McMaster University

McMaster University

Faculty of
Health Sciences

Newly discovered antibiotic shows promise says McMaster professor

Published: January 7, 2015
Gerry Wright
Gerry Wright, scientific director, Michael G. DeGroote Institute for Infectious Disease Research

The war against drug-resistant superbugs has been a losing battle, but this week's announcement that American and German researchers may be on the verge of developing a novel antibiotic has been welcomed by researchers at McMaster's Michael G. DeGroote Institute for Infectious Disease Research.

Published in the prestigious journal Nature, the international team believe the antibiotic, dubbed teixobactin, is promising not only for its potential against bacteria, but also because of its innovative way of growing directly in the soil.

Gerry Wright, scientific director of the Michael G. DeGroote Institute for Infectious Disease Research at McMaster, said the method it was found "offers hope that innovation and creativity can combine to solve the antibiotic crisis." His commentary accompanied the research paper in Nature, but he was not involved in the teixobactin research.

The new antibiotic found in the soil appears to be an effective and enduring killer of resistant strains. It represents a considerable leap in antimicrobial resistance, which has been identified  by the World Health Organization as a large and growing problem.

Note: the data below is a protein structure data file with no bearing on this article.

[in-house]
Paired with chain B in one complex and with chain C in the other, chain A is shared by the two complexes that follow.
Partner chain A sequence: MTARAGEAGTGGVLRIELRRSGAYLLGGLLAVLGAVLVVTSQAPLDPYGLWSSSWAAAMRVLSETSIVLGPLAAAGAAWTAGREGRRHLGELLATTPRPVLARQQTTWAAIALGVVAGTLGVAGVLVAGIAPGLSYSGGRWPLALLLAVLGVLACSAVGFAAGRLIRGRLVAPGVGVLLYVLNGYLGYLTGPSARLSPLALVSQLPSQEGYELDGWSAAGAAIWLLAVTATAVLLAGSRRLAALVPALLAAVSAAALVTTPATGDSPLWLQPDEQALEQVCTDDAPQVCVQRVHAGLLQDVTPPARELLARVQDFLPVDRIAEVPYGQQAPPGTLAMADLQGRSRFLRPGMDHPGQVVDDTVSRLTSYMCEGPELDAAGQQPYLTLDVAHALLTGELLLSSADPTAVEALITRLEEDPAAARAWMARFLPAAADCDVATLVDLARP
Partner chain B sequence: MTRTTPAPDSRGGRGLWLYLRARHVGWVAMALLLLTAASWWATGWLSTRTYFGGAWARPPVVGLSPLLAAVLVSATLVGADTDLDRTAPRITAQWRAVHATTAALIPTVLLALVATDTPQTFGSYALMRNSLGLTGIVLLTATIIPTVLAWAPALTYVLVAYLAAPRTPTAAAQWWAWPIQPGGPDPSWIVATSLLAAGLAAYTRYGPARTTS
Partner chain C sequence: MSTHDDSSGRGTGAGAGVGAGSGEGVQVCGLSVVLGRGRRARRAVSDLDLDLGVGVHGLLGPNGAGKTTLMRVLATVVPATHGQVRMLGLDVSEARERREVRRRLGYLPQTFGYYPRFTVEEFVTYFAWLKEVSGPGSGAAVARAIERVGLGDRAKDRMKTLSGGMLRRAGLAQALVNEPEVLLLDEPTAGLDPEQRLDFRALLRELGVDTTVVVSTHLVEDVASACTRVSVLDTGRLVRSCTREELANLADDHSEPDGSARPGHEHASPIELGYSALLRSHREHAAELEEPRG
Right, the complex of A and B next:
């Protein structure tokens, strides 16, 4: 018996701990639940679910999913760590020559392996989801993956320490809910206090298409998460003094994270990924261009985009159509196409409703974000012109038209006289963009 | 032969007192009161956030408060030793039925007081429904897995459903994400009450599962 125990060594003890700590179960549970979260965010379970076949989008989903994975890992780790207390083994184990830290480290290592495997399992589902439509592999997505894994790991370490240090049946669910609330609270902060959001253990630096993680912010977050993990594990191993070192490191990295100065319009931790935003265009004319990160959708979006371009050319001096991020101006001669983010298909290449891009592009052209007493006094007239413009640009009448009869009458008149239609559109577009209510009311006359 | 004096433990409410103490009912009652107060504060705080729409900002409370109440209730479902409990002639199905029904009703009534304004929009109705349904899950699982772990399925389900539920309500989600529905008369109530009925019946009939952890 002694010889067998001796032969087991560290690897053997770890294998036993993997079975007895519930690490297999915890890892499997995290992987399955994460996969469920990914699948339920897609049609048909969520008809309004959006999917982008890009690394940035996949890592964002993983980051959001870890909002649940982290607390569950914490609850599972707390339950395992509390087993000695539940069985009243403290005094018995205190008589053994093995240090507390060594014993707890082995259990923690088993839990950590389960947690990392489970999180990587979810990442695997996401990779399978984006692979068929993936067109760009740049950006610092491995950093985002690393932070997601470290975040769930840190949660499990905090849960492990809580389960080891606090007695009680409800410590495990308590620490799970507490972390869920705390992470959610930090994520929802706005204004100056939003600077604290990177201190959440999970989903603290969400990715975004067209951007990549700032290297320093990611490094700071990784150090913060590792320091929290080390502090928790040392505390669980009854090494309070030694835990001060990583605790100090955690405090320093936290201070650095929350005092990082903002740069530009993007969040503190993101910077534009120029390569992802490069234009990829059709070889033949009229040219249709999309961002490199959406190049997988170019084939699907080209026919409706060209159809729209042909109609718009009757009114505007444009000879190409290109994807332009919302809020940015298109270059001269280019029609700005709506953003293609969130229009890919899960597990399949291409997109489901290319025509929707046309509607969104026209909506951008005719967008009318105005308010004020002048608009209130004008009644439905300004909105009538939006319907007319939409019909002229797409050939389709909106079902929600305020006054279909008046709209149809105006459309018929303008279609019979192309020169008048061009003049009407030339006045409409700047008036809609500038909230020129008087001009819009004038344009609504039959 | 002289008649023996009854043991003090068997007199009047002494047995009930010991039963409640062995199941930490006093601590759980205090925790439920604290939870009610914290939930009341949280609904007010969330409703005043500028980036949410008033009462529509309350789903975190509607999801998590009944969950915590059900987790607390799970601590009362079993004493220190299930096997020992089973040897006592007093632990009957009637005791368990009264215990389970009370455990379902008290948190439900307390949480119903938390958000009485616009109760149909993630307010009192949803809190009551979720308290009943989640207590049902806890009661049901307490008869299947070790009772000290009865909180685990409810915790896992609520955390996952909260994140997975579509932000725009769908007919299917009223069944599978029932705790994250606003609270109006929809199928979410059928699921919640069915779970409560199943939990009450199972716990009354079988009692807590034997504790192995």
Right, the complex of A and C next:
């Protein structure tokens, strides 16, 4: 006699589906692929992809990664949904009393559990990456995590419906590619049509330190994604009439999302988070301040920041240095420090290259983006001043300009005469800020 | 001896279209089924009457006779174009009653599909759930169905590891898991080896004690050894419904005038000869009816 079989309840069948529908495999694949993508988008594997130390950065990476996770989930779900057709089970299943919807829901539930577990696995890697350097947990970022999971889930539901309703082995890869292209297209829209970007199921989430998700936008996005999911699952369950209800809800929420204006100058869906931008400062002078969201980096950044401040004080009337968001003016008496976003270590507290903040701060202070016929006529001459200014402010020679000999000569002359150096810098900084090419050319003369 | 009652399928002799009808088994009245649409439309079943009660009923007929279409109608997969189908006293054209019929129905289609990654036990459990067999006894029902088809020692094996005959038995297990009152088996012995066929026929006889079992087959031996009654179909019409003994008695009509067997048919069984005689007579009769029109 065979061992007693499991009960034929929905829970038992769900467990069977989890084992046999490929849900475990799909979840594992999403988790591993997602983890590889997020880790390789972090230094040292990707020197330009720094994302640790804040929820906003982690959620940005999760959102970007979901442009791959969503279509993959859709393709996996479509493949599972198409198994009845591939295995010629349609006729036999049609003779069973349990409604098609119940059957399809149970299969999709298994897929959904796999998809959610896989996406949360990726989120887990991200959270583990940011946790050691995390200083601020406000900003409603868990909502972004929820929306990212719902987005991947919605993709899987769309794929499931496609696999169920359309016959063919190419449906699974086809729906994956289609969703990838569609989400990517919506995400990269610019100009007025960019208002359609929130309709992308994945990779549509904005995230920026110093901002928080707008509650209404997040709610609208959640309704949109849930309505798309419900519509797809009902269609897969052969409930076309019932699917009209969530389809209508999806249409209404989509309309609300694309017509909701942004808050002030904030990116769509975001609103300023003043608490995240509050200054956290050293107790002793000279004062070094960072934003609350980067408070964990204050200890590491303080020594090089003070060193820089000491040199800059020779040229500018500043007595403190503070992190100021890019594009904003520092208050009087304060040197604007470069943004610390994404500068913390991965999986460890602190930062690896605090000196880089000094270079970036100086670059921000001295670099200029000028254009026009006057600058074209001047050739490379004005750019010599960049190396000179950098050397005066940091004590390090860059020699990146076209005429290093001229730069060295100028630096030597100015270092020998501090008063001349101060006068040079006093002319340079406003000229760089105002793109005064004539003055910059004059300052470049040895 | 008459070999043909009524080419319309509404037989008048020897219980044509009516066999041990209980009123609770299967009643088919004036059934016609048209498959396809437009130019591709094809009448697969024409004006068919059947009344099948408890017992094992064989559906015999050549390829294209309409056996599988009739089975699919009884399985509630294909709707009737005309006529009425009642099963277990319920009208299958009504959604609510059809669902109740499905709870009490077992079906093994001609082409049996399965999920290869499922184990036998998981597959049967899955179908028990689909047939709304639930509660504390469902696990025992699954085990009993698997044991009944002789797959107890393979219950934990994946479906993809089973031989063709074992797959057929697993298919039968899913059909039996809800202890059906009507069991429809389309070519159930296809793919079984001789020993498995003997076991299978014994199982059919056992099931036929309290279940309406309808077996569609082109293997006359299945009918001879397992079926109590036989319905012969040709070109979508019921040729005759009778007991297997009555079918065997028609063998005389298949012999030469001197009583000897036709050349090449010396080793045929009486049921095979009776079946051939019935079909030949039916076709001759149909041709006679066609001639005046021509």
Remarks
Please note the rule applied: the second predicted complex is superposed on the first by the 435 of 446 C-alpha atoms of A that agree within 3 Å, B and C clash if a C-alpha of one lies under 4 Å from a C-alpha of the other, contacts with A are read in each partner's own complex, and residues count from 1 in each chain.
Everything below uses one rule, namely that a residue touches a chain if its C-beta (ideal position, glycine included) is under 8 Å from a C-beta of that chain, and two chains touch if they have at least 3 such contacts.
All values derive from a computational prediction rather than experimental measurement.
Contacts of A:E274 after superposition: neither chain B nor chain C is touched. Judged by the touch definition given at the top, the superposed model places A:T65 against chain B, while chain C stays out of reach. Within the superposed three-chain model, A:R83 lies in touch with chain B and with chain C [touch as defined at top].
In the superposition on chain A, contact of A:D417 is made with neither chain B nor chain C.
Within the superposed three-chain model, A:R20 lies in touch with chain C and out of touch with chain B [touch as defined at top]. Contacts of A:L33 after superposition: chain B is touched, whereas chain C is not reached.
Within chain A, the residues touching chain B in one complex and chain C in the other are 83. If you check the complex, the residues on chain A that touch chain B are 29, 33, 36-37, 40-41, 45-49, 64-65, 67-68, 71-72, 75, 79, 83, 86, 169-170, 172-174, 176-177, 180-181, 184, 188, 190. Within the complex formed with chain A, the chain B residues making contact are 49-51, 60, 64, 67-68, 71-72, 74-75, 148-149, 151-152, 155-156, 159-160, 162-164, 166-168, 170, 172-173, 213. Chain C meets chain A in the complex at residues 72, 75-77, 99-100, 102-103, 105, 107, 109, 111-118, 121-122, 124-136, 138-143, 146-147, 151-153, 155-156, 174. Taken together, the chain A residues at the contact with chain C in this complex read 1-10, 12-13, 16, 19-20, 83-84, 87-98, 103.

However, to date drug companies have had little incentive to invest in antibiotics because infectious disease specialists and public health officials would use any new antibiotic sparingly in hopes of preserving its potency for as long as possible.

As well, the value of a new antibiotic declines as bugs eventually develop resistance to it, meaning that the drugs have a "built-in self-destruct mechanism," said Wright.

Teixobactin still faces plenty of hurdles on its way to the clinic, including a difficult economic case for bringing new antibiotics to the market. Human trials are at least two years away.

Wright said superbugs may eventually outsmart teixobactin, assuming that the antibiotic passes the tests to become a treatment.

"I'm of the mind that there's no such thing as an irresistible antibiotic," he said. "But there are antibiotics for which it's really hard to get resistance and this is one of them."

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